There was a time when love was the most important thing in the world. People would go to the end of the earth to find it. They would tell lies for it. Even kill for it.
Then, at last, they found the cure.
Now, everything is different. Scientists are able to eradicate love, and the government demands that all citizens receive the cure upon turning eighteen. Lena Haloway has always looked forward to the day when she'll be cured. A life without love is a life without pain: safe, measured, predictable, and happy.
But then, with only ninety-five days left until her treatment, Lena does the unthinkable ...
I think I mentioned in my review for Matched by Ally Condie that I found dystopian novels uncomfortable reading (they make me feel a bit breathless and claustrophobic) ever since I read Nineteen Eighty-Four and The Handmaid's Tale. However, I loved Matched so buoyed up by this success I couldn't wait to read Delirium. The first thing I thought was what a brilliant idea, love as a disease. Lena Haloway is counting down the days until she gets her cure. Until then she lives within the confines of the rules of her community afraid that she may get infected. She's witnessed people screaming and struggling as they are dragged to be cured and even remembers a day when a girl threw herself from the laboratory roof so she wouldn't have to go through with it. In the opening chapters of Delirium Lena is content with her life and accepting of her future.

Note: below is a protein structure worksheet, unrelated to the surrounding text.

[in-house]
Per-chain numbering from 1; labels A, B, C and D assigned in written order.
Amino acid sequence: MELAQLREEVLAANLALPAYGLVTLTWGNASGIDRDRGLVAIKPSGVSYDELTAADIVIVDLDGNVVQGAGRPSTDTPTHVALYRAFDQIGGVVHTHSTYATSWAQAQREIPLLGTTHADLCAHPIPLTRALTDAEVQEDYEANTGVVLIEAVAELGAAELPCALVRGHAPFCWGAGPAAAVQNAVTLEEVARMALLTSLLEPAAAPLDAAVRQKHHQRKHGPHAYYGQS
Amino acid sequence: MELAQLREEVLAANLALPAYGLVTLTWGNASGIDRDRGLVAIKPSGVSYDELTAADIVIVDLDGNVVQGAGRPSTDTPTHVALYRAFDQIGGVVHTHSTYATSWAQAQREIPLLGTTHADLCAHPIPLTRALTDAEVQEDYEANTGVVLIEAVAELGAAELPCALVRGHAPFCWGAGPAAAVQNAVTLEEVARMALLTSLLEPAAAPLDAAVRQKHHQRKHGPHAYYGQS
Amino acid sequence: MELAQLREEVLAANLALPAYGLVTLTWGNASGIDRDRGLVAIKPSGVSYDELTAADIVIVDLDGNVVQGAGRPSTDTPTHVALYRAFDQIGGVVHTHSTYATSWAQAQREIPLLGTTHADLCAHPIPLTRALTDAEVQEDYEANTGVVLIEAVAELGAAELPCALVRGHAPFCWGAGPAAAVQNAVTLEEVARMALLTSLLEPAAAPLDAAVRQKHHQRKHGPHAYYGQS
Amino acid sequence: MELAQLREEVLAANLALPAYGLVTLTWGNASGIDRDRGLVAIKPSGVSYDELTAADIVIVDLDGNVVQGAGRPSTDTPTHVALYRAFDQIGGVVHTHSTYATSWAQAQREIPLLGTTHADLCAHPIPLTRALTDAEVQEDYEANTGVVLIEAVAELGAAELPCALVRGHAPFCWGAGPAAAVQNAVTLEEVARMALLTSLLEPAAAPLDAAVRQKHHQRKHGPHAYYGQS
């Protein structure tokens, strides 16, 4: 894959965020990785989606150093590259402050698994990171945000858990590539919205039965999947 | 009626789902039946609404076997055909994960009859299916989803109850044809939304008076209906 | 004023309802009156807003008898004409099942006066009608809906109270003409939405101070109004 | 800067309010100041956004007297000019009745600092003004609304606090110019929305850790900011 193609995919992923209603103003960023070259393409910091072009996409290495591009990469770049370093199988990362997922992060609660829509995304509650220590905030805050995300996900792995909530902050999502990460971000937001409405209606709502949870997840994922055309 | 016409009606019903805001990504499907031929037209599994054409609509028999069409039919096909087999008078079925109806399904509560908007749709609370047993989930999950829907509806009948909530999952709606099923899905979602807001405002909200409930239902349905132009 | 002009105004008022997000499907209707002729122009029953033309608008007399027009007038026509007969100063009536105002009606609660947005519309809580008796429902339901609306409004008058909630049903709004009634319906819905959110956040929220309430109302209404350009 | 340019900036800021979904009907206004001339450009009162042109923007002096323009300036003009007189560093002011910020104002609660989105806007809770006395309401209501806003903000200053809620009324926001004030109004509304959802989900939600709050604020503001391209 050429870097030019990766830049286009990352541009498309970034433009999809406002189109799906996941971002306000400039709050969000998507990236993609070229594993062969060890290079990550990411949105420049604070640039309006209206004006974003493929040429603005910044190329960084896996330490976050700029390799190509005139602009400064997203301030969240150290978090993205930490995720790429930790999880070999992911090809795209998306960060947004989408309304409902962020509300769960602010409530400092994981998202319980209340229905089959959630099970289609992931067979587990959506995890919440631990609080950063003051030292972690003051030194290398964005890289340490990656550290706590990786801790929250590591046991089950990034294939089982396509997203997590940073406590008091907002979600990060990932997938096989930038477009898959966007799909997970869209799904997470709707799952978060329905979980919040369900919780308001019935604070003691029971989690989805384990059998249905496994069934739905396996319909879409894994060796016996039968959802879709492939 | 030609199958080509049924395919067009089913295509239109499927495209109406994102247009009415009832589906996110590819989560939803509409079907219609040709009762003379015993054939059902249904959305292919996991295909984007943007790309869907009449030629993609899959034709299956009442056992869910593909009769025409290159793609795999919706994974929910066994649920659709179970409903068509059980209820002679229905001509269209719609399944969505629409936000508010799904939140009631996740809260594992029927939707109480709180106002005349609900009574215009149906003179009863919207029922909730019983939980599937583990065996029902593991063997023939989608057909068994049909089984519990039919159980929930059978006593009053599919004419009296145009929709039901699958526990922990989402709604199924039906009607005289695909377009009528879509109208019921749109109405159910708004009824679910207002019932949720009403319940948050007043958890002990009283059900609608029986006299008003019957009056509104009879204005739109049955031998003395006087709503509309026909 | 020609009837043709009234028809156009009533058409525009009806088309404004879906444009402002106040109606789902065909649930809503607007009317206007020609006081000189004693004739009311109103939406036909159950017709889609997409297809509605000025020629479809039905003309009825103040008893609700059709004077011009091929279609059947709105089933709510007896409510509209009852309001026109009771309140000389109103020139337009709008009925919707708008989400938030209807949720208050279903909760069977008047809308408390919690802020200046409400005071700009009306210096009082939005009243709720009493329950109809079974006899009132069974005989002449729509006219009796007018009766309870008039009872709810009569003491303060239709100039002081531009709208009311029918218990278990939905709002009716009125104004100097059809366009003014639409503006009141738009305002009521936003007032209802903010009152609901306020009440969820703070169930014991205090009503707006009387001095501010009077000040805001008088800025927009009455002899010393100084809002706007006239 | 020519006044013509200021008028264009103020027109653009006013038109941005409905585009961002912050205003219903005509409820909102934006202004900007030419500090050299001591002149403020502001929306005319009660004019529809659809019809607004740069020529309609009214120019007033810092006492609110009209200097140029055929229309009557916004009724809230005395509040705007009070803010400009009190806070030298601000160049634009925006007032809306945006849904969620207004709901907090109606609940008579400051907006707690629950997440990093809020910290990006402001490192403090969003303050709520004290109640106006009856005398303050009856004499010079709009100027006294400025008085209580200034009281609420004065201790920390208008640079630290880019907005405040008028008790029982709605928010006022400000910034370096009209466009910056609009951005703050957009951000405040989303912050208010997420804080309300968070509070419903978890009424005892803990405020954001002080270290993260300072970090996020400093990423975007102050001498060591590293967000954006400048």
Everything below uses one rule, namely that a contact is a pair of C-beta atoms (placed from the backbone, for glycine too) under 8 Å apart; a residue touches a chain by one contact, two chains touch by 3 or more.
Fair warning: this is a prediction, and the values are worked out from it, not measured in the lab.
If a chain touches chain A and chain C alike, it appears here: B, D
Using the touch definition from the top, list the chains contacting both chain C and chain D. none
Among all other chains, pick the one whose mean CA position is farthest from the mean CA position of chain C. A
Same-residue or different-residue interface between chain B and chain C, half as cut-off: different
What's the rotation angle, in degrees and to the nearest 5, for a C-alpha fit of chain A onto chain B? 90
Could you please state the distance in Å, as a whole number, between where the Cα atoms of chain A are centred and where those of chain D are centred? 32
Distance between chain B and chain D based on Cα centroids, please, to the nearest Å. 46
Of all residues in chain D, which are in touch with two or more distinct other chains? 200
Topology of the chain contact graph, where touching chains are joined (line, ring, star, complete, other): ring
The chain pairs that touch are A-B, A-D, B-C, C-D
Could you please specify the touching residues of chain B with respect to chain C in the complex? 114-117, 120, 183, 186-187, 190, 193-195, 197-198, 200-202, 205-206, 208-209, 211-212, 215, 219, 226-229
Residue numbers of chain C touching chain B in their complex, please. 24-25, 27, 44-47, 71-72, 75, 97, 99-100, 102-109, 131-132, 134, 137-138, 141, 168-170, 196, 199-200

Lena's best friend is Hana and she's wild and vivacious, determined to make fun of everything and enjoy life. Whilst Lena loves this about her she also fears Hana's wild streak. After all, we know from the opening chapters that there was something wild and different about Lena's own mother which didn't serve her well. At the edge of town there's the perimeter fences beyond which lies the Wilds where the Invalids live - a place to fear. Everywhere Lena looks are cautionary tales about what could happen if she doesn't toe the line. Almost everyone else that surrounds Lena has been cured and she yearns to join them. However, one day she meets security guard Alex who shows her that there's another way of thinking, of living, despite the constraints that society is attempting to force upon them.
I realised something about myself whilst reading Delirium. Lena is initially so concerned with protecting herself that she prevents herself from living. The very thing she fears becomes her whole reason for being and enables her to see her surroundings for what they are and question everything she's been told. I felt a range of emotions whilst reading this book and yes, I did feel fearful for Lena (and scared that I may cry at the end) but it's a beautiful book and I'm grateful to have read it. I discovered that it's important for me to read things that I feel I may not enjoy or, god forbidden, might upset me. If I hadn't read Delirium I would have missed out on a brilliant, thought-provoking and well-written book. I wouldn't have read passages that have stayed with me long after I closed the cover. So, thank you Lauren Oliver for a wonderful reading experience.